We ended the session with feedback on the initial solution drafts of each team.
We welcomed Ian Jones (from Agile Development) who presented on how human design thinking is a fantastic tool for developing solutions which focus on the real lives of people and how by working directly with people we can help them achieve improvements in their lives.
Session 3 April 23rd – Innovation:
Our focus today was innovation and lean processes. We looked at the definitions of different types of innovation and what makes for good innovation.
We illustrated these with some case studies and then a more in depth case-study on innovation – Play Pump, a South African water pump designed as a merry-go round which received millions of dollars of support but ended in failure – because it didn’t meet the criteria of good innovation. We had the participants role play as stakeholders (which they fully embraced!) To see innovation in the real world, our speaker was a product designer from the US who is working on an innovative project to tackle the opposite issues of obesity and malnutrition.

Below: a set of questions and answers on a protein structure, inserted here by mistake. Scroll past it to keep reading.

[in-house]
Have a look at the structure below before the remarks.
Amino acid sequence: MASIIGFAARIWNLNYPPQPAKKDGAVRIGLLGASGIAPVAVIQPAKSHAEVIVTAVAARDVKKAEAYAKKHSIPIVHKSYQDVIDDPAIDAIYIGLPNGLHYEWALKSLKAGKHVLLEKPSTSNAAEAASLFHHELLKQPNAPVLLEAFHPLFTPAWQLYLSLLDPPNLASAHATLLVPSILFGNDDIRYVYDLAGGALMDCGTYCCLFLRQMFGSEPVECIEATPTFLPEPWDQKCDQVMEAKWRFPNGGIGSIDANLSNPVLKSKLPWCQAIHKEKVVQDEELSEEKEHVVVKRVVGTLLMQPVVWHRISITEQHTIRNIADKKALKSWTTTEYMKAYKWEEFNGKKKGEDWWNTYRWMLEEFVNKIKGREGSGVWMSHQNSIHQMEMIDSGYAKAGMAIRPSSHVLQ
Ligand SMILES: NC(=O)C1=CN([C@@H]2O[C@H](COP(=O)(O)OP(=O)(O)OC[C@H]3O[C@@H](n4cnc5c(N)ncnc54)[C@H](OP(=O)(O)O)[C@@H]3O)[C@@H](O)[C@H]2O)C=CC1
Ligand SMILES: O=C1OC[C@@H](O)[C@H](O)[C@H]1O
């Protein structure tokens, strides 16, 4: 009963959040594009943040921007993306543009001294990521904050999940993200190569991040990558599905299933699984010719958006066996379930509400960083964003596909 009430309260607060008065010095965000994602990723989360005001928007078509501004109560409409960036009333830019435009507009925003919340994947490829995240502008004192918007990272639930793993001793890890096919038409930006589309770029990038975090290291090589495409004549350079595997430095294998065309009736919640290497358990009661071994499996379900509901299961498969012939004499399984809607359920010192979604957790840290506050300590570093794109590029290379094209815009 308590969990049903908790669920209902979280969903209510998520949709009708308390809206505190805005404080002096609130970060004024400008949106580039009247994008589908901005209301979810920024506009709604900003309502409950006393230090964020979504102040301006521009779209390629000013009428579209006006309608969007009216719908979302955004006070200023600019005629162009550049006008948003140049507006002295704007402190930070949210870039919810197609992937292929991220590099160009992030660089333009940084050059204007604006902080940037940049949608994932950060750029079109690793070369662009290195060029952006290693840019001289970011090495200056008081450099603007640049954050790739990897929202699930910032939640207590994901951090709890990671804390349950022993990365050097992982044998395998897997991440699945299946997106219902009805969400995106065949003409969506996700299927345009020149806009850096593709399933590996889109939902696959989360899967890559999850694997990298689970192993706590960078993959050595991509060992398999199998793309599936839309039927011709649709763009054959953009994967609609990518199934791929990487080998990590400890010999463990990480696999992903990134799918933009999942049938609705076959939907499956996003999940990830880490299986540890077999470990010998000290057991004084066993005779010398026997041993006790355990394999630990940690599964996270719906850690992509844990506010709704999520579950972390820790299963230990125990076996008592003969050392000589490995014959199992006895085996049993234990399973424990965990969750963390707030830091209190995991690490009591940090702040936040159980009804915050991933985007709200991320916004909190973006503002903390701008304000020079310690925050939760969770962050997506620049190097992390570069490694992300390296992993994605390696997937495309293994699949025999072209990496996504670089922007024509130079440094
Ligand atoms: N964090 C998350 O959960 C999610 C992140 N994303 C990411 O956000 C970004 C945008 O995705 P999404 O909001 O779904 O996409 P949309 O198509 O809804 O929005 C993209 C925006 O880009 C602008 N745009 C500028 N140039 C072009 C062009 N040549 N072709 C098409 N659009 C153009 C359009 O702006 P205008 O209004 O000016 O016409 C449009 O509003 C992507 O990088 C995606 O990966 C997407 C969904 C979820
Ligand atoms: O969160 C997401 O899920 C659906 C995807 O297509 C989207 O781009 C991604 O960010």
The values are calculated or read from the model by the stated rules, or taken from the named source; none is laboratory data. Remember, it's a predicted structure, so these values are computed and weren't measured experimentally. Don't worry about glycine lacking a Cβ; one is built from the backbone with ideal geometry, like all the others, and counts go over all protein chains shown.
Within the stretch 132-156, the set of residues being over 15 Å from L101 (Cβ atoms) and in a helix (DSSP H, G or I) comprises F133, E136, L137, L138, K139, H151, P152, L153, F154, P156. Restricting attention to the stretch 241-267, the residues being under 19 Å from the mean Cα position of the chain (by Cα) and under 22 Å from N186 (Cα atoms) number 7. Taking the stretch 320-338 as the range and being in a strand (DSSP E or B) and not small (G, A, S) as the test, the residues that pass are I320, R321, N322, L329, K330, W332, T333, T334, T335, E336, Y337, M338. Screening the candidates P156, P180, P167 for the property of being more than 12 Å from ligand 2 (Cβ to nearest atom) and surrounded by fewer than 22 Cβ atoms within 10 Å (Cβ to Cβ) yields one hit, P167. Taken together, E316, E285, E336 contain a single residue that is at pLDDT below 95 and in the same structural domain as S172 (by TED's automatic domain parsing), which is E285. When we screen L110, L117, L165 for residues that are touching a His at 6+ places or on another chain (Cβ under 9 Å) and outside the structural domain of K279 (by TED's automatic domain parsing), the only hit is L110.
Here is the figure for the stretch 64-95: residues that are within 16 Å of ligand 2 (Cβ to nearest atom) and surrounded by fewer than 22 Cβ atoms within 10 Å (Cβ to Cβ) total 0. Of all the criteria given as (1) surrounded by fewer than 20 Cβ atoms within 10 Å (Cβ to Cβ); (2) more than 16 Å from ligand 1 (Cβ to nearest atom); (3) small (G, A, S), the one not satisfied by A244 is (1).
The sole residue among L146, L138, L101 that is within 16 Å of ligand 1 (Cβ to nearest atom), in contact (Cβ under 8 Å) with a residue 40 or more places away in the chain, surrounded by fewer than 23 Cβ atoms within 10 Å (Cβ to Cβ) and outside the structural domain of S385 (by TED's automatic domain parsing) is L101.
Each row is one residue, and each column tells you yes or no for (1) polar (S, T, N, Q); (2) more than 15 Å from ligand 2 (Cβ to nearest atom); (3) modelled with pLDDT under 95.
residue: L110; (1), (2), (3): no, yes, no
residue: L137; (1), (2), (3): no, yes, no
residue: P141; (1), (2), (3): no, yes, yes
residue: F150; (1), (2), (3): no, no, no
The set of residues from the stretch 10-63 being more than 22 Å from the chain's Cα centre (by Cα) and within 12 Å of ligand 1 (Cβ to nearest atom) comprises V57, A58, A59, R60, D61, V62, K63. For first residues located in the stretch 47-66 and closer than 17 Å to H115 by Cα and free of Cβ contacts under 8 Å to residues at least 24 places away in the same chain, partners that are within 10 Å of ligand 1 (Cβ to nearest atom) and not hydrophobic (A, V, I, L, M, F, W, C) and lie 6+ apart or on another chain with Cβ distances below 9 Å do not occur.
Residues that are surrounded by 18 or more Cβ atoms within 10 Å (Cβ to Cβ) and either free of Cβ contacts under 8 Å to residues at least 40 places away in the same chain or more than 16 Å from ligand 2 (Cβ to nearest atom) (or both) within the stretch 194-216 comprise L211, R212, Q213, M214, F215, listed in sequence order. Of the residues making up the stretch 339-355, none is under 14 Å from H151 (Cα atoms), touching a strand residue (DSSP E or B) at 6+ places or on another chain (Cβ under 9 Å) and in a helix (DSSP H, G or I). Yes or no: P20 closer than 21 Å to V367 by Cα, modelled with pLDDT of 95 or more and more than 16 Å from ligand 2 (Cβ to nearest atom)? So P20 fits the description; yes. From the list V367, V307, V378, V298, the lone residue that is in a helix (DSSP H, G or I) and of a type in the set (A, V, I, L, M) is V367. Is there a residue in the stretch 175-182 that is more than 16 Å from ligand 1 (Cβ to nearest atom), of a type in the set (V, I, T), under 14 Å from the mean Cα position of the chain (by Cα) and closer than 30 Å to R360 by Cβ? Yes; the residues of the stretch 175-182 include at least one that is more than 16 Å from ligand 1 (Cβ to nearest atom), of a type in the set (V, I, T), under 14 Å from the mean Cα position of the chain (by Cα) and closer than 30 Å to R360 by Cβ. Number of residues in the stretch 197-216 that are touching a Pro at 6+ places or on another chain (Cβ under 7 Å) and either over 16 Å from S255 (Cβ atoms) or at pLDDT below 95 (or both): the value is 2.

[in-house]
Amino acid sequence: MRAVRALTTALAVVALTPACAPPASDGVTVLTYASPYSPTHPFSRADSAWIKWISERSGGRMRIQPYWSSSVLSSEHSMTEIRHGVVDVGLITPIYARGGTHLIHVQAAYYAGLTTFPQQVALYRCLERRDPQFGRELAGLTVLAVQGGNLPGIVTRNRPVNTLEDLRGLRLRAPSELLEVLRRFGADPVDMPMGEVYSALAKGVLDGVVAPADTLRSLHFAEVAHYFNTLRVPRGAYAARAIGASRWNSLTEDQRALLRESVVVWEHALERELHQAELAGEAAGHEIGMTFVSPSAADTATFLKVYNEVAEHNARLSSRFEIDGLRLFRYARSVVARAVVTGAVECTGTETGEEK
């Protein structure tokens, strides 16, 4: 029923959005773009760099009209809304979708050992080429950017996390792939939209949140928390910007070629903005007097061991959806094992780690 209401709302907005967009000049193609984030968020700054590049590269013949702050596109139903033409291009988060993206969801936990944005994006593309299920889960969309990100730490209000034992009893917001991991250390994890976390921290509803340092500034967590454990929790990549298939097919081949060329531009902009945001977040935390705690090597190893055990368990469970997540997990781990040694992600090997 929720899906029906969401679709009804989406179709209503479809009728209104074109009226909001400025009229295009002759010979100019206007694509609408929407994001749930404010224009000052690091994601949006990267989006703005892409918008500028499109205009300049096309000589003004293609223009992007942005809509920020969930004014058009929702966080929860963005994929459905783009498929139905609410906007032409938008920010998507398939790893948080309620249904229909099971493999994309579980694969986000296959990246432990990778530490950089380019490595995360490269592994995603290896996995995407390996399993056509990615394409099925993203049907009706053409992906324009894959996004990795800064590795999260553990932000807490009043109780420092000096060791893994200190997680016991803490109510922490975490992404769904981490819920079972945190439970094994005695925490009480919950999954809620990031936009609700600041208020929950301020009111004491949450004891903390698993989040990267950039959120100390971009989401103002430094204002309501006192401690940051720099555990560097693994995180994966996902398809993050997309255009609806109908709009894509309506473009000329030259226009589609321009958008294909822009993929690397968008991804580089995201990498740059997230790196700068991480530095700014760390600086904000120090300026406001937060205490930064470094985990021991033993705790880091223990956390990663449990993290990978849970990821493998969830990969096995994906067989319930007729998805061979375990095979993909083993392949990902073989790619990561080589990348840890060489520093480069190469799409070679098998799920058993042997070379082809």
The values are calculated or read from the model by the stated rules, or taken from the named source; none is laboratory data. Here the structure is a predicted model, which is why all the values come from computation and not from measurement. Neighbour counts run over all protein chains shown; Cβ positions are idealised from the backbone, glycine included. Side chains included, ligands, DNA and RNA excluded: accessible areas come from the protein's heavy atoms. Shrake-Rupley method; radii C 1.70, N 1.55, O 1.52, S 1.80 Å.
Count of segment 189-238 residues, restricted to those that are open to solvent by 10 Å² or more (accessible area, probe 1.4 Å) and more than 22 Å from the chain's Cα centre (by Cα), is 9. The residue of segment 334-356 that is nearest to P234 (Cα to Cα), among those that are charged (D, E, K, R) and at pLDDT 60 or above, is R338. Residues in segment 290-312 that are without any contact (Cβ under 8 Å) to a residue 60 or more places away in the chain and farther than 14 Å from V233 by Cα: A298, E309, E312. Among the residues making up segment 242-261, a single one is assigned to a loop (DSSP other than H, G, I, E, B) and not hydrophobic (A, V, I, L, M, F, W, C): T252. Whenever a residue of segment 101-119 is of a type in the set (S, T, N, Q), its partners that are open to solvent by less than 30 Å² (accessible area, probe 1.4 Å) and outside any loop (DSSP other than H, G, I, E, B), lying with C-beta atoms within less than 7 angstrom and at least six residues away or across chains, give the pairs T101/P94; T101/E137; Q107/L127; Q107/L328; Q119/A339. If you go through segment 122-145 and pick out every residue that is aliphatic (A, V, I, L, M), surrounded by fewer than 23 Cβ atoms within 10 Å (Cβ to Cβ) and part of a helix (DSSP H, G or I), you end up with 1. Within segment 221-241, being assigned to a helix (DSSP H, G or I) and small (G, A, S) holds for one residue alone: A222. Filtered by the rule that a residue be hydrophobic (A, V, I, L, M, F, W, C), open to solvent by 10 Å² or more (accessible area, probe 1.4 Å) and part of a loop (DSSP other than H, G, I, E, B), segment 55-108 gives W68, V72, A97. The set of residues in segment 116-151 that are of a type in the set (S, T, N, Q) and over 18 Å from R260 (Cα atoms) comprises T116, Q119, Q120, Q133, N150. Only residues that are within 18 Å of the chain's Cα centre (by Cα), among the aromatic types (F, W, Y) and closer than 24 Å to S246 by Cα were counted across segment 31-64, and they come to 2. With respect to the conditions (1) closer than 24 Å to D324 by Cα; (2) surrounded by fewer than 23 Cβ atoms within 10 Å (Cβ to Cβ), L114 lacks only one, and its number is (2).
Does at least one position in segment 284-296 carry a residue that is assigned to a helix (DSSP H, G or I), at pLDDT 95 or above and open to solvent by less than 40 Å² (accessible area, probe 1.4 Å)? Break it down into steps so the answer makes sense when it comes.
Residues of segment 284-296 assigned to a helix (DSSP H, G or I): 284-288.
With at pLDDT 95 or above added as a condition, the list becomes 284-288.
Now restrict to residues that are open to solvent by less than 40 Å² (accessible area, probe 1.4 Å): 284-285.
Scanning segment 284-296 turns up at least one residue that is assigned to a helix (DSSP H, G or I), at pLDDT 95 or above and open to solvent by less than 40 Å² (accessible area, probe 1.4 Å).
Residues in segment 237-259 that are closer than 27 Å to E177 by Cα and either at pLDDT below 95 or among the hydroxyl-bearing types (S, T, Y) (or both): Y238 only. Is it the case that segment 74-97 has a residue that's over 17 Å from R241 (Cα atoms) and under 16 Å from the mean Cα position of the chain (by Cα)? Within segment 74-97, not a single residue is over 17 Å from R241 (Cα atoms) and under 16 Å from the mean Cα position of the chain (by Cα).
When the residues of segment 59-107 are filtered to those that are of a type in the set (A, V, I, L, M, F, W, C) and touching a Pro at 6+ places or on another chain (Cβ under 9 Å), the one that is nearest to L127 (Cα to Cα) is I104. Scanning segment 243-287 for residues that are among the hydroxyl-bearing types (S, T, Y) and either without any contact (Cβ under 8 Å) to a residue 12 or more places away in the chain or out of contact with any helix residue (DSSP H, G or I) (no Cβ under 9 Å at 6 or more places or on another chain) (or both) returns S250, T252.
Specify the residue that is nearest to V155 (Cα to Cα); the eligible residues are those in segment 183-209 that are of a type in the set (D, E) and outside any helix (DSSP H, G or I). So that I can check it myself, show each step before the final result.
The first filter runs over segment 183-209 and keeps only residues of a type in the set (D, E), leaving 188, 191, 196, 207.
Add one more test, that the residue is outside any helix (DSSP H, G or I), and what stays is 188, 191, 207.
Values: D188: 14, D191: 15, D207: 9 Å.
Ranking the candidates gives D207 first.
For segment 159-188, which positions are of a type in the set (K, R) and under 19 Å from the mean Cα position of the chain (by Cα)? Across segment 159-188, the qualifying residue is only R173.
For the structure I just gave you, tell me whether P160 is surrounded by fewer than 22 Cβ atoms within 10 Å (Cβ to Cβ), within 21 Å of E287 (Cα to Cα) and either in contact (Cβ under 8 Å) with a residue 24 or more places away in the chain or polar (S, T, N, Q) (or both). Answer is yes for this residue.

In the afternoon (after using balloon innovatively to stop an egg from smashing when dropped!) the teams worked on finalizing their solutions and we had the other teams then question this solution to help each team think more about their assumptions. Another great day of innovative fun !
Session 4 May 21st – Ecosystem exploration:
This session we looked at the bigger picture and then in more detail at our beneficiary:
We looked at the ecosystem and saw that to create significant, long lasting change, we must understand and often alter the social system that creates and sustains the problem in the first place. Teams developed their stakeholder, SWOT and PESTLE analysis.
We then used empathy mapping role play to better understanding our beneficiaries – teams took turn to role play their beneficiary and the other members questioned them to gain insight into their lives, how they felt and what challenges they were facing. This ensures the solutions are best suited to the lives of the beneficiaries.